"Killer Joe" is a film primed to mark a comeback for its director and star. Not only has William Friedkin made his best movie in decades with the sordid Texan crime tale, but Matthew McConaughey continues to add to his recent renaissance of fascinating work that has seen him team with with filmmakers like Richard Linklater, Steven Soderbergh and Jeff Nichols.
"Killer Joe" wowed audiences on the Lido and at TIFF over the last six months (read our Venice review here), but came back to home territory this week for SXSW, and we sat down for a roundtable interview with McConaughey, along with Tracy Letts, who adapted his own acclaimed play for the screen, and whose Pulitzer Prize-winning "August: Osage County," starring Meryl Streep and Julia Roberts, will be filmed later in 2012. Read highlights below, and you'll be able to check out "Killer Joe" for yourselves when it's released later this year. Some major spoilers follow.
The Script Was Inspired By Letts Living In Dallas In The 1980s And By The Work Of Jim Thompson
"Killer Joe" became Letts' big calling card on the stage when it debuted in 1993 (with a cast that originally included Michael Shannon, in the role now filled by Emile Hirsch). And as the writer describes, the material came from a variety of inspirations: his own experiences, true stories, and crime fiction. "I lived in Dallas for a couple of years in the mid '80s," Letts told us. "Dallas cops were in the news round then, busting heads. I had a tough time in Dallas, that hard-scrabble existence, it can be a really hard city for the have-nots. I lived in a trailer myself when I was a kid, for a while, and I was familiar with certain aspects of the lifestyle. The original story this was based on was about a Florida family, but I found it transposed to Dallas quite easily. I'm a big fan of Jim Thompson, the great alcoholic crime writer from Oklahoma, he wrote 'The Grifters' and 'The Killer Inside Me,' he was some of the inspiration of this. It seemed to fit with Dallas well, they behaved in a way that I thought people from Dallas could recognize. I think it helps that Matthew's from Texas, and brings a real authenticity to this. Thomas [Haden Church] is from Texas too."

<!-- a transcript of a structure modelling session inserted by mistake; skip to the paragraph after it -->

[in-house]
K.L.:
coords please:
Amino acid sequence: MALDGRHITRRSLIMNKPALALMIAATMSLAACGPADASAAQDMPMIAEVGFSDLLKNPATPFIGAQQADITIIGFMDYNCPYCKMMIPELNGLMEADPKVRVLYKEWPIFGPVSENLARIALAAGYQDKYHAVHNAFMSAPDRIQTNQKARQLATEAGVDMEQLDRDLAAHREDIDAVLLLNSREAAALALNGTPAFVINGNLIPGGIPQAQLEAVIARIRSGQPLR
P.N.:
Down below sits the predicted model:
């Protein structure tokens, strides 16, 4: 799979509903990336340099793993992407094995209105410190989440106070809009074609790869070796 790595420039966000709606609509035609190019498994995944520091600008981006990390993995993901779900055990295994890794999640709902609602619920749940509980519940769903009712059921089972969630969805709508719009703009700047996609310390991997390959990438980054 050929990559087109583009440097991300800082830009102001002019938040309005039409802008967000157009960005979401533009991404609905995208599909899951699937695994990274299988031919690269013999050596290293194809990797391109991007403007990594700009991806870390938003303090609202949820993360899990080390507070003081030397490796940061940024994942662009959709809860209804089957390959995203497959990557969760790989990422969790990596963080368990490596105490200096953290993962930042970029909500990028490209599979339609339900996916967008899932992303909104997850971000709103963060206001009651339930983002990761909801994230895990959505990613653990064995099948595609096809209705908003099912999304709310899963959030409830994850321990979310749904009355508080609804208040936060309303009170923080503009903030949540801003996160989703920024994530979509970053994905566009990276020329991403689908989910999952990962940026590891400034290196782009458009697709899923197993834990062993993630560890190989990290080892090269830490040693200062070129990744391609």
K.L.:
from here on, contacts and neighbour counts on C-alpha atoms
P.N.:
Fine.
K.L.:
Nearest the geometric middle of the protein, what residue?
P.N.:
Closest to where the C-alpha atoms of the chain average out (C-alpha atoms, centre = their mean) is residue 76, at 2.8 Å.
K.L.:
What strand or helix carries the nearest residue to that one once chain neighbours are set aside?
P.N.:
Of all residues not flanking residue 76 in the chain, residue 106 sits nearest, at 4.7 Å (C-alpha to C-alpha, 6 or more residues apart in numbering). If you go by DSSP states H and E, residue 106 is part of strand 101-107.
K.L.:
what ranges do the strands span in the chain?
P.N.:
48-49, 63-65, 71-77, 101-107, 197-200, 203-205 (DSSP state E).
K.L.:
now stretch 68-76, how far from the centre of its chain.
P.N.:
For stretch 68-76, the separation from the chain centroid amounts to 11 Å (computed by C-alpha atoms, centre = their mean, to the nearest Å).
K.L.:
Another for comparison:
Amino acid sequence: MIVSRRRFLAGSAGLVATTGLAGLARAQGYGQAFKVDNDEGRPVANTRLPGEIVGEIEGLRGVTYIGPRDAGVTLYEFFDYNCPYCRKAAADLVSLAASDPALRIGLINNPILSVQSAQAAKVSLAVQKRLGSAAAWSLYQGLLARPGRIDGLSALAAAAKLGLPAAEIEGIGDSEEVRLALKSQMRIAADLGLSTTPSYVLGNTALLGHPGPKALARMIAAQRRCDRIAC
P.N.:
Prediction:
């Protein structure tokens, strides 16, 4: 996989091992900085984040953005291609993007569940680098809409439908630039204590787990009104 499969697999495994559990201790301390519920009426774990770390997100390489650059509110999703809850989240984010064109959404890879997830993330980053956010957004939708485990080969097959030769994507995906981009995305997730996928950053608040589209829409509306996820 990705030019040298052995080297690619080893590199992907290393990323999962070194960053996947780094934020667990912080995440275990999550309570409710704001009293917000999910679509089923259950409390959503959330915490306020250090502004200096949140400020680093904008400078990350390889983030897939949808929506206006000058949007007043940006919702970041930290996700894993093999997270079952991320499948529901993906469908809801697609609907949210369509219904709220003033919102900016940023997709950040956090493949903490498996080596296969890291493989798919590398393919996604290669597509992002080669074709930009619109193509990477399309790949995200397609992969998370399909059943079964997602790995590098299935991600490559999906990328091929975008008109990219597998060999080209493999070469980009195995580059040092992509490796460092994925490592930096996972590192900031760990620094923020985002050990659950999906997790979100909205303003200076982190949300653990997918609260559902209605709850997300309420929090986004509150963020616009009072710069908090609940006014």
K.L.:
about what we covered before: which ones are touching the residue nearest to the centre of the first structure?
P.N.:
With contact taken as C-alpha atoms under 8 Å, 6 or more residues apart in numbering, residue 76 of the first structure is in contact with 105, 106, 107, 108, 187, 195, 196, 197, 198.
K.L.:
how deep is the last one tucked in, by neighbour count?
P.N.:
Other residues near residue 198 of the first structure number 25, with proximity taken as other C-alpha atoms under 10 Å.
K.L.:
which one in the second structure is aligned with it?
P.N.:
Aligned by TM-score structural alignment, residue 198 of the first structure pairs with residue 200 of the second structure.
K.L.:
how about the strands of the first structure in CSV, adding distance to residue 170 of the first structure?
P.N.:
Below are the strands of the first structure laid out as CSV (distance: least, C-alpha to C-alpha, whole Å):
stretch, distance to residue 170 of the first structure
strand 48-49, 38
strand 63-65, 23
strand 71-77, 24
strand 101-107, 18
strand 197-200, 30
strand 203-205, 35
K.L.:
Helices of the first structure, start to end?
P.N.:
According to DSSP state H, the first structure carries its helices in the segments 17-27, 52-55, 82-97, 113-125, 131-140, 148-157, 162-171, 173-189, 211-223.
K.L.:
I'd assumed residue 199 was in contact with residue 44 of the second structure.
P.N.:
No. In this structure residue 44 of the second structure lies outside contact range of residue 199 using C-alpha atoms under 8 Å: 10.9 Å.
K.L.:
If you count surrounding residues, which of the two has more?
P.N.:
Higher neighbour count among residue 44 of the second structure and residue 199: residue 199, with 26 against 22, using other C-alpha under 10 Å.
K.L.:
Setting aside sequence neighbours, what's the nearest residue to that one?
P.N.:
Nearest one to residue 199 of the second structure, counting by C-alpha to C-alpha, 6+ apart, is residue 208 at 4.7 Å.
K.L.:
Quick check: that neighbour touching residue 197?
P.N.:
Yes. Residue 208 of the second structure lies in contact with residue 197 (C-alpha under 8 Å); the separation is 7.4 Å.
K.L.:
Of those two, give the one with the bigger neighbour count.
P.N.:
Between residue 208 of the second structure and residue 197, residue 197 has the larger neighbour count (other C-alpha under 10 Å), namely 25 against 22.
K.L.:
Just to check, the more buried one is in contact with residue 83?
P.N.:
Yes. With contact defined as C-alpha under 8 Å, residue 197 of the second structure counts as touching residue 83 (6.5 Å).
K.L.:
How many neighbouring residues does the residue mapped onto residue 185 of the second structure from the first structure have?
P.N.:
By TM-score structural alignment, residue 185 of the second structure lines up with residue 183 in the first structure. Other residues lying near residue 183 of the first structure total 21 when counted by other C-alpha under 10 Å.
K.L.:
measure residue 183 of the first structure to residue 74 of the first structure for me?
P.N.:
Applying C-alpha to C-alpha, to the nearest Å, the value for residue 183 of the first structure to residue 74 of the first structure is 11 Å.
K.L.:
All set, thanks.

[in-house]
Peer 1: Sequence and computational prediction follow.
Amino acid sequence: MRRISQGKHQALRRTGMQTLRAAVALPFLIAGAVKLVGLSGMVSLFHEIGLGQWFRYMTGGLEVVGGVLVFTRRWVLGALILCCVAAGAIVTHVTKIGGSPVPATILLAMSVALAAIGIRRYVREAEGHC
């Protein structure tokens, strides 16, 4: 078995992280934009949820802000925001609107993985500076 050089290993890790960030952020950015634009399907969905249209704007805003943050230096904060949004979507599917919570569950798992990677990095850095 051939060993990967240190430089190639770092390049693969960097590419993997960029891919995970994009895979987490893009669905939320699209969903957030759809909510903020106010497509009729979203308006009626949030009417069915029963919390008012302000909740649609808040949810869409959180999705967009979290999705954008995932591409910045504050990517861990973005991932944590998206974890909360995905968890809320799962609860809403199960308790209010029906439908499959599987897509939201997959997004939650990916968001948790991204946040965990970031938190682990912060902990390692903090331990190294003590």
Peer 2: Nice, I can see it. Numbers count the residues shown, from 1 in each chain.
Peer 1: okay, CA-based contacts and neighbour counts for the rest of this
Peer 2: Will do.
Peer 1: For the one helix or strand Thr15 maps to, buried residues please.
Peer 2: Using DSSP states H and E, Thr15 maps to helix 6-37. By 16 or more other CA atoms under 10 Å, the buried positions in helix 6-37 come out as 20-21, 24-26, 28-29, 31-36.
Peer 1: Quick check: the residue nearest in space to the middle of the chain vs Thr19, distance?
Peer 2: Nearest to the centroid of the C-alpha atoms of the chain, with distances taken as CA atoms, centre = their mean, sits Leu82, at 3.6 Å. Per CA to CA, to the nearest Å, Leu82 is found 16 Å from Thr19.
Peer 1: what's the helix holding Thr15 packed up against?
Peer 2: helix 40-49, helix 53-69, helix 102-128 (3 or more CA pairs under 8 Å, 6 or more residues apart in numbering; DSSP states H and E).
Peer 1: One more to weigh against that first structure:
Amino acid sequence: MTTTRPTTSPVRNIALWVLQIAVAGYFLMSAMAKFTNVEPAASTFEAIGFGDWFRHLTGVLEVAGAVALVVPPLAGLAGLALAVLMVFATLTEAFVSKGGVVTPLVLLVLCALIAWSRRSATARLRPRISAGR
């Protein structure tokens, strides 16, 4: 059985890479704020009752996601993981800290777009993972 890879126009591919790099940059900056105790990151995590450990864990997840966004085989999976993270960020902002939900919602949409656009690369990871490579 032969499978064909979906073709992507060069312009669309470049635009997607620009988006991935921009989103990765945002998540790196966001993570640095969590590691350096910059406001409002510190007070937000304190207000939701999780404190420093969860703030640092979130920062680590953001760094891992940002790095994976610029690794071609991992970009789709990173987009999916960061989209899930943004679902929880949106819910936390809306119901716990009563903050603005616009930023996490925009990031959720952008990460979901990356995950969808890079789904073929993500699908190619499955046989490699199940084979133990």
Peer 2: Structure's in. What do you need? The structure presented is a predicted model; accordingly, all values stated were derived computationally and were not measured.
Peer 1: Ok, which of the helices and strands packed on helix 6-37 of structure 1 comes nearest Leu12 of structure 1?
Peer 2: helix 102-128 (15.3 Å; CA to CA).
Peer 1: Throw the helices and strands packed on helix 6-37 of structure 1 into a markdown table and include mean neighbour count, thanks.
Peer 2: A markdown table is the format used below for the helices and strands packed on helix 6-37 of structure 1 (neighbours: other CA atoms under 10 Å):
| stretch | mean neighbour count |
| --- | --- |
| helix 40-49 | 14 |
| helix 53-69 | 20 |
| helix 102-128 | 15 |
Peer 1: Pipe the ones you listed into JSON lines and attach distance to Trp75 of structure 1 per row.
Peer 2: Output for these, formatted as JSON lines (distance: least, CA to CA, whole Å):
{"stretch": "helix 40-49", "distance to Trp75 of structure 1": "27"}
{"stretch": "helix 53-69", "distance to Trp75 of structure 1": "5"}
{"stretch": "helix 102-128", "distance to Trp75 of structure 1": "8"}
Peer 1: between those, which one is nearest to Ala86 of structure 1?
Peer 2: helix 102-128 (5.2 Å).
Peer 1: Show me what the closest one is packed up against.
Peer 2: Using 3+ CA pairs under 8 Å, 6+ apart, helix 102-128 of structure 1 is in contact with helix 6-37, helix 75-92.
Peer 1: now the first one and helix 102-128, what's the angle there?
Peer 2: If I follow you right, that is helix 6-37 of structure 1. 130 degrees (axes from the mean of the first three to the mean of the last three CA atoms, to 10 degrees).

With "Bernie," "Magic Mike," "Mud," "The Paperboy" and more on the way, McConaughey acknowledges that he's moving into a new phase of his career. "Yeah, it's another chapter. After 'The Lincoln Lawyer,' I had so much fun doing that, and it got some traction, people seemed to like it, and I was able to get things up. I've got four more coming after this that are a little odd and out of the box." And part of that was being approached for "Killer Joe" by the director. "Billy Friedkin came to me," McConaughey added, "and then we met, and we had a great sit down, one of the best director/actor meetings I've ever had. I wasn't familiar with the play. Tracy and I met for the first time last night."
But before then, McConaughey accepts that he didn't instantly adore the material. On first reading the script, the actor said that, "I felt icky, disgusted, and thought 'I'm not touching that, it's just gross'. And then I forget who I talked to, they were like 'No, dude, it's totally hilarious, what are you talking about?' So I sat back down the next day and read it. It matters when you read, just like it matters when you go see a movie. And then I understood the story a little better, and I had my laughs, which helped me understand it tonally better. And then I met with Billy, but I knew there were certain roles that come off the page. You can taste it. I didn't know what that taste is going to be, I haven't made choices yet, but that guy has an engine, and it's gonna be fun to go and drive that."